Keiichi Tahara, the architectural photographer known as the ‘sculptor of light’, sadly passed away on 6 June aged 65 — but he leaves behind one of his most impressive publications to date, the culmination of several years he dedicated to capturing the majesty and magic of Fin-de-Siecle architecture in Europe.

In three volumes containing more than 500 images, we see the architecture of the early 1900s bathed in the dramatic aura of Tahara’s lens, merging his own interests in light and shadow with those of the architects he admired. Kyoto-born Tahara spent five years traveling across Europe, Russia and Turkey in search of some of the finest examples of the period, and the tripartite book explores the Art Nouveau movement in France, Italy and Belgium, Arts and Crafts in Britain and the architecture of the Viennese Secession, drawing parallels between their far-reaching ideology and aesthetics; whether it’s a Budapest bathhouse or a sanatorium in Austria, a private house designed by Mackintosh in Scotland or a crematorium in Switzerland.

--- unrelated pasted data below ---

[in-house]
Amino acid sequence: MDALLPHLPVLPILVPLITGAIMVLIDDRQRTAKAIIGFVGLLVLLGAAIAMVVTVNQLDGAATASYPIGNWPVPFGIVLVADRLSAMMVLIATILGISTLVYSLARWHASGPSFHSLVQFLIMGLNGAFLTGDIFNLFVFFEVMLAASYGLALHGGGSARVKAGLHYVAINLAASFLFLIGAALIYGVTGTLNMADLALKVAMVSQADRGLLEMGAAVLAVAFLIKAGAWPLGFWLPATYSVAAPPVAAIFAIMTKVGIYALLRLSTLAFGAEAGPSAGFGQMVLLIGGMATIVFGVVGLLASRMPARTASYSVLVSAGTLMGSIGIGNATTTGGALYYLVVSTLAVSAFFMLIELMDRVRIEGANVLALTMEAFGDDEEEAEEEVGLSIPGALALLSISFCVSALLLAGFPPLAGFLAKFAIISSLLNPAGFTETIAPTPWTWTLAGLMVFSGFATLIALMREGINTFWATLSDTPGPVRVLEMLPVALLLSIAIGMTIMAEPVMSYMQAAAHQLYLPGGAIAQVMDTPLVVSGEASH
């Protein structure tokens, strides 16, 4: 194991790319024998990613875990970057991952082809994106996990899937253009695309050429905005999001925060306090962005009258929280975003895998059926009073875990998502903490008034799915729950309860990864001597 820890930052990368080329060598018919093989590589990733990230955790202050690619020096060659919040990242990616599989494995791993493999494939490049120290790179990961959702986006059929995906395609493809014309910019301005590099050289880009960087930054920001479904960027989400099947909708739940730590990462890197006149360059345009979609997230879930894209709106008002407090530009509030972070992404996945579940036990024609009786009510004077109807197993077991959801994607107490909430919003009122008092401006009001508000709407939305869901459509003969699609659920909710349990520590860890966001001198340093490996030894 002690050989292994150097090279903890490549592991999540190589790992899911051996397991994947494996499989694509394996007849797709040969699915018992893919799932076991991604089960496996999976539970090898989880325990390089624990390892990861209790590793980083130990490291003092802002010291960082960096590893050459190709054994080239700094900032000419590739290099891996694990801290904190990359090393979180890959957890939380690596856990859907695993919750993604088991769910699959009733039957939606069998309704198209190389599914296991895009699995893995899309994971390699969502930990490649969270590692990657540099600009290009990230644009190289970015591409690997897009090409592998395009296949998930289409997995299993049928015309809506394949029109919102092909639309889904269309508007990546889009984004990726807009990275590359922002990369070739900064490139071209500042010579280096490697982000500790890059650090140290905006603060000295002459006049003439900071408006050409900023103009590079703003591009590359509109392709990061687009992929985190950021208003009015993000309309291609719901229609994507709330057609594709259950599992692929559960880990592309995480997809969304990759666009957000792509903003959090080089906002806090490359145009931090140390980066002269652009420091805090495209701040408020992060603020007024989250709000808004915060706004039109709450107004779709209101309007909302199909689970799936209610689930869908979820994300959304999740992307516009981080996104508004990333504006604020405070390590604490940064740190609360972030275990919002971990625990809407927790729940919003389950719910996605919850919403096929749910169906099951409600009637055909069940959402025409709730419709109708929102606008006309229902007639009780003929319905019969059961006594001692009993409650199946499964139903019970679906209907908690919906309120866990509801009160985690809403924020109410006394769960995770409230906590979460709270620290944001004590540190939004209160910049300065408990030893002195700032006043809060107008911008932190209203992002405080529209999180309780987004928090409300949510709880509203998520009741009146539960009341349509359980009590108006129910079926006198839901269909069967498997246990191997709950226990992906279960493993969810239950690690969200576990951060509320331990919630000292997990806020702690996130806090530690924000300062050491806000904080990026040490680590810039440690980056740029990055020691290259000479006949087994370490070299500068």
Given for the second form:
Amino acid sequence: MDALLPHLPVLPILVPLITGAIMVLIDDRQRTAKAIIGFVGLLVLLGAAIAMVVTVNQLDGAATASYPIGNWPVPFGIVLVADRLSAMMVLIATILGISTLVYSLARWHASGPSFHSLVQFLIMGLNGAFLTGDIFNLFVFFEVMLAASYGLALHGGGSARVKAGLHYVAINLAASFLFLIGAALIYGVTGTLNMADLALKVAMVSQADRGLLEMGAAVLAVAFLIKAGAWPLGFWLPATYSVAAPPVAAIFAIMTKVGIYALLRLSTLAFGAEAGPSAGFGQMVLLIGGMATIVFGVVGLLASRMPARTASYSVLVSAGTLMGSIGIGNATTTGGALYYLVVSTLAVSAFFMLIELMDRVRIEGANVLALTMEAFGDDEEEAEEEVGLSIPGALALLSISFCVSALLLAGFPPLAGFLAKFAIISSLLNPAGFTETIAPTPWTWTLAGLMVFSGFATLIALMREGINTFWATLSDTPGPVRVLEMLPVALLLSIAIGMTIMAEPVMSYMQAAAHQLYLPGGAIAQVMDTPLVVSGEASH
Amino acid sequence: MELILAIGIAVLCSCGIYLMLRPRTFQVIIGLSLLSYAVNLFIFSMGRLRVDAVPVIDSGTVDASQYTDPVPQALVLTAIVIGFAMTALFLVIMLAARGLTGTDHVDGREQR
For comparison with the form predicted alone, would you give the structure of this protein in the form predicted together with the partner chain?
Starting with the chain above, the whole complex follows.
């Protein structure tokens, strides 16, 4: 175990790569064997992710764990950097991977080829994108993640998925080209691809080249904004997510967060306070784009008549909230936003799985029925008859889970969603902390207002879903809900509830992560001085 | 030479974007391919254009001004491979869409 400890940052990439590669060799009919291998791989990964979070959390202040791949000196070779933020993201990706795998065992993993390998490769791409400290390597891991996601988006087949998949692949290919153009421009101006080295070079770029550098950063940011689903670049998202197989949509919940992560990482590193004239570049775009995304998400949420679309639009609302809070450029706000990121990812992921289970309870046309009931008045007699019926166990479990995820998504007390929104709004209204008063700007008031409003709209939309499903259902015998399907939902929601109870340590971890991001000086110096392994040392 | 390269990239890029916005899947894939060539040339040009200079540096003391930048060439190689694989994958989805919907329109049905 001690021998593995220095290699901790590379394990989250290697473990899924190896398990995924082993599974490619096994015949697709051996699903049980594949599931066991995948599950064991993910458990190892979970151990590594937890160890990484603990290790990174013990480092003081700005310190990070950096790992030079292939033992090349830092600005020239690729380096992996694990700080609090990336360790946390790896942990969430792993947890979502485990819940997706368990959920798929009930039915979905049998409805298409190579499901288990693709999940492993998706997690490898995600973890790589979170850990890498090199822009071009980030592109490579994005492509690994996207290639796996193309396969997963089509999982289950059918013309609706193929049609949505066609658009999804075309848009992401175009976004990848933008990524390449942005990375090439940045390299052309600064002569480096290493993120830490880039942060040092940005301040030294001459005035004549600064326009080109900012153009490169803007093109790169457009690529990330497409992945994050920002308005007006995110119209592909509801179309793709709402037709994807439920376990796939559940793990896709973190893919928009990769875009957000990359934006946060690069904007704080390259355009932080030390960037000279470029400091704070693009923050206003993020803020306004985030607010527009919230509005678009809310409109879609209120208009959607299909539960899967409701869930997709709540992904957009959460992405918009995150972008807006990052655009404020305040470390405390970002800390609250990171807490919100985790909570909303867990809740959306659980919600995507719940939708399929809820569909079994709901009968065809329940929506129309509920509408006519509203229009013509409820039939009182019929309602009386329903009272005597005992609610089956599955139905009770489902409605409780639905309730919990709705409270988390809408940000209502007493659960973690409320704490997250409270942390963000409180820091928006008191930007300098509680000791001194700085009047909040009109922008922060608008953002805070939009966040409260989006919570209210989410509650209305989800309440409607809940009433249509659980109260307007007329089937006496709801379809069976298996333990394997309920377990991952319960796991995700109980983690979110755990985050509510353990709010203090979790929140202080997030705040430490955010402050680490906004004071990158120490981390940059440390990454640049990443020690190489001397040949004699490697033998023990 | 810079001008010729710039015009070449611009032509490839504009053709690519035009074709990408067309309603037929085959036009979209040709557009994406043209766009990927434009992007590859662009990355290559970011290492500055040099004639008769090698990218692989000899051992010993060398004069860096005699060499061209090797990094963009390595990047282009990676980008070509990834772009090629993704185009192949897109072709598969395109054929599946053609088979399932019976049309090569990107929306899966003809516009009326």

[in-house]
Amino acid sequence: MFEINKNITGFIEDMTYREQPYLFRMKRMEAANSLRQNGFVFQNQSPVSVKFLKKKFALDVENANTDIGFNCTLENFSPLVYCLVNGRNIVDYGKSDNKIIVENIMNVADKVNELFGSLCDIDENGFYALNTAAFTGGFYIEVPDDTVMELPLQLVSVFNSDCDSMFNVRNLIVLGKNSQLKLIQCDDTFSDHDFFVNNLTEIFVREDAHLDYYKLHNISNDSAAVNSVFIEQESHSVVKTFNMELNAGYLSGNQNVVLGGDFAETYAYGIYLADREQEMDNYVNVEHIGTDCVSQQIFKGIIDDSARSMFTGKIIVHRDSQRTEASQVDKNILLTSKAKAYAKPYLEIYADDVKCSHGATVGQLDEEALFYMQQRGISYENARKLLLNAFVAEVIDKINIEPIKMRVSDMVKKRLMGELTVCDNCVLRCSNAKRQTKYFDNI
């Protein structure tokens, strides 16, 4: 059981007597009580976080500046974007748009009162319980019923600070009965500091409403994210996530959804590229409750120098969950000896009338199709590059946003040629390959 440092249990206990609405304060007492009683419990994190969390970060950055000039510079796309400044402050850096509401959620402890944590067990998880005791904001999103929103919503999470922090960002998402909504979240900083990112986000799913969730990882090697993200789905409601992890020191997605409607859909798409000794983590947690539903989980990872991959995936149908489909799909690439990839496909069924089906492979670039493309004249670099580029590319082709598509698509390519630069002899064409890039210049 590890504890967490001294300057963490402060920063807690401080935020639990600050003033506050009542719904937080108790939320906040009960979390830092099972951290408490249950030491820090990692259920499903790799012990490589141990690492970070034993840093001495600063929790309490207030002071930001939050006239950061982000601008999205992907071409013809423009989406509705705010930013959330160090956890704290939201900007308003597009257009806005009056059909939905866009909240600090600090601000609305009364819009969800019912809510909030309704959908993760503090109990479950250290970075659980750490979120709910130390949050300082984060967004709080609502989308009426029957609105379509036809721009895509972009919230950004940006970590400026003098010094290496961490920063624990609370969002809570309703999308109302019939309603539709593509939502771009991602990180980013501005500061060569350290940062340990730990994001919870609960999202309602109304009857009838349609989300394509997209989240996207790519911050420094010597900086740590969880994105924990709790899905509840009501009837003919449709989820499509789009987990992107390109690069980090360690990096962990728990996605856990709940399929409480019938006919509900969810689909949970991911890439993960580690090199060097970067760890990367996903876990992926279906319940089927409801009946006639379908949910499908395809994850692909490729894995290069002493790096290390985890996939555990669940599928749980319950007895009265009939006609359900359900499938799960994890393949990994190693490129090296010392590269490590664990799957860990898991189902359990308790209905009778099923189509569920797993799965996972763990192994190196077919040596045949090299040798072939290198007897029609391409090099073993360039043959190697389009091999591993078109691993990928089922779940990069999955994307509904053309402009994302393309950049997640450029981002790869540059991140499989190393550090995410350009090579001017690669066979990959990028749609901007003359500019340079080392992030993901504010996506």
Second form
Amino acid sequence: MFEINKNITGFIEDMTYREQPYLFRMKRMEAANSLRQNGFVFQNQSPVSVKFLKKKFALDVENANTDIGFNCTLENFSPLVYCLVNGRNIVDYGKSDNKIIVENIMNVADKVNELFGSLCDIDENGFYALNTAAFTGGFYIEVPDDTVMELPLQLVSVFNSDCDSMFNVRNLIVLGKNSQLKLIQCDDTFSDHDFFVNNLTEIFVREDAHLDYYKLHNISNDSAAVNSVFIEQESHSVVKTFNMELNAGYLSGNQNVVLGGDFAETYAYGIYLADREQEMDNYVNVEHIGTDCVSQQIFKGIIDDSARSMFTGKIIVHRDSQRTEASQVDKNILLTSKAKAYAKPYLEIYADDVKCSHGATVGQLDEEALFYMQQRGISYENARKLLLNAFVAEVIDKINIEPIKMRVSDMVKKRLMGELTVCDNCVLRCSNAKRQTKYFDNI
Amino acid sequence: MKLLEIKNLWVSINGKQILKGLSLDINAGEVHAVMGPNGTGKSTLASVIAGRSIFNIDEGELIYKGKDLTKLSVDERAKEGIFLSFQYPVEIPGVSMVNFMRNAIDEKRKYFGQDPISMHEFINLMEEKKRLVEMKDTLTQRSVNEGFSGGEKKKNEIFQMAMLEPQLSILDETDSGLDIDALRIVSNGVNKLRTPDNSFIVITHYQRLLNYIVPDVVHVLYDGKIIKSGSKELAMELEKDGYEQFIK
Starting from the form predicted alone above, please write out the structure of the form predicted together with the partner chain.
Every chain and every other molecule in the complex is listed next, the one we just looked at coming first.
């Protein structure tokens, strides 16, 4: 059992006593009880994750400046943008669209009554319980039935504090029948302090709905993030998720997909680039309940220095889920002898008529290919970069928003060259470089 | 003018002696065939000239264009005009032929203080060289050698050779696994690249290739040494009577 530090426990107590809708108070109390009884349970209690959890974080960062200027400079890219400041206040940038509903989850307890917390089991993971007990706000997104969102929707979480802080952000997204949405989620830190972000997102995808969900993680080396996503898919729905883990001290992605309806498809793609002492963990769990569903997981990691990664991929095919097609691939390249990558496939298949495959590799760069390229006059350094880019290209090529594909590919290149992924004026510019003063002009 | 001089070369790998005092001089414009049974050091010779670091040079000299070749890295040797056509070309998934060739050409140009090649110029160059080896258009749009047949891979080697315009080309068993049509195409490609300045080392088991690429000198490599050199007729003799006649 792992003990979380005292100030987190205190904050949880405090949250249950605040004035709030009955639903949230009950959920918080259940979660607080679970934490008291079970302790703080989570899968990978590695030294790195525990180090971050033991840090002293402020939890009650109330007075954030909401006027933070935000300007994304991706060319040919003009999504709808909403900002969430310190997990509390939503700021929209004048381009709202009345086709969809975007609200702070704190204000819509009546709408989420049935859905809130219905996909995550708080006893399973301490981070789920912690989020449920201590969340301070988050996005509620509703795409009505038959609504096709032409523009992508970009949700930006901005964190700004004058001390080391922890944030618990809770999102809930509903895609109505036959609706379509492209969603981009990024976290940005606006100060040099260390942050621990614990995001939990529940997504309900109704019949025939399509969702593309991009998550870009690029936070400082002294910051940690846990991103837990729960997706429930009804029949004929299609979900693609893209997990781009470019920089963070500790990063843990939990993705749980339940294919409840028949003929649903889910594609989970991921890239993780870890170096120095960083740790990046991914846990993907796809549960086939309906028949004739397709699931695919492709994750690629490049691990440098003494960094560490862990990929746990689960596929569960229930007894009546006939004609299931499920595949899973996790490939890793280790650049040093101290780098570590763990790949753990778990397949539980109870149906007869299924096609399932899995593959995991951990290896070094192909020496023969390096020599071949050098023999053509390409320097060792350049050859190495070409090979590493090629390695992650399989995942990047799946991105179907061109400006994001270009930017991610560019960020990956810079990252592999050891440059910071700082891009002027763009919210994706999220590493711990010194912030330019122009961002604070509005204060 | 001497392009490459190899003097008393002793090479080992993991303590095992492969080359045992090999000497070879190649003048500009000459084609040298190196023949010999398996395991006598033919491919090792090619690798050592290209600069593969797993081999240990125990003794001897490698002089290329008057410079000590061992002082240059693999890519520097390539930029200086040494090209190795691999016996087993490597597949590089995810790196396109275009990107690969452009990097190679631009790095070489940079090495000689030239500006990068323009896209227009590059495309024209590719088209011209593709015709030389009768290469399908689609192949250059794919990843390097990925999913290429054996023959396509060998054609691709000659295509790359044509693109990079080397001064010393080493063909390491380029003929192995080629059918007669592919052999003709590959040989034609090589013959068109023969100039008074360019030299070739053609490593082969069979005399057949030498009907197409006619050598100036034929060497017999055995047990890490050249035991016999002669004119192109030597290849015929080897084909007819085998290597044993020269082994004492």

Among the better known highlights are Lluis Domenech I Montaner’s pillars at the Palau de la Musica Catalana in Barcelona — captured with stunning by Tahara — whereas other details, from ornate sculpture ceilings to elaborate balustrade designs, ceramic tiles and stained glass windows, might be missed by the undiscerning eye.

Maison et Atelier Horta designed by Victor Horta in Brussels, Belgium, 1898–1900

Tahara clearly felt an affinity with the spirit of the time — what he refers to as the architecture’s ‘vital energy’ — and in particular, with its sensuous approach: ‘The intertwined forms appear to be created by the single stroke of a caressing hand.’ He writes in a poetic and deeply personal introduction to the book. ‘The relationship between architecture and life did not stop with the forms of flowers, fruits, and plants, but extended to include those of the human body as well. In an exclusive neighborhood near the Eiffel Tower, the entrance of an apartment building exhibits a phallic form, the main doorway has a vaginal shape, and the hall is decorated with reliefs symbolic of both sexes.’

Tahara’s enchantment with these buildings and his appreciation for their creators is obvious — and it’s a celebratory gift for posterity from the late photographer.

RELATED TOPICS: BOOKS, ARCHITECTURAL PHOTOGRAPHY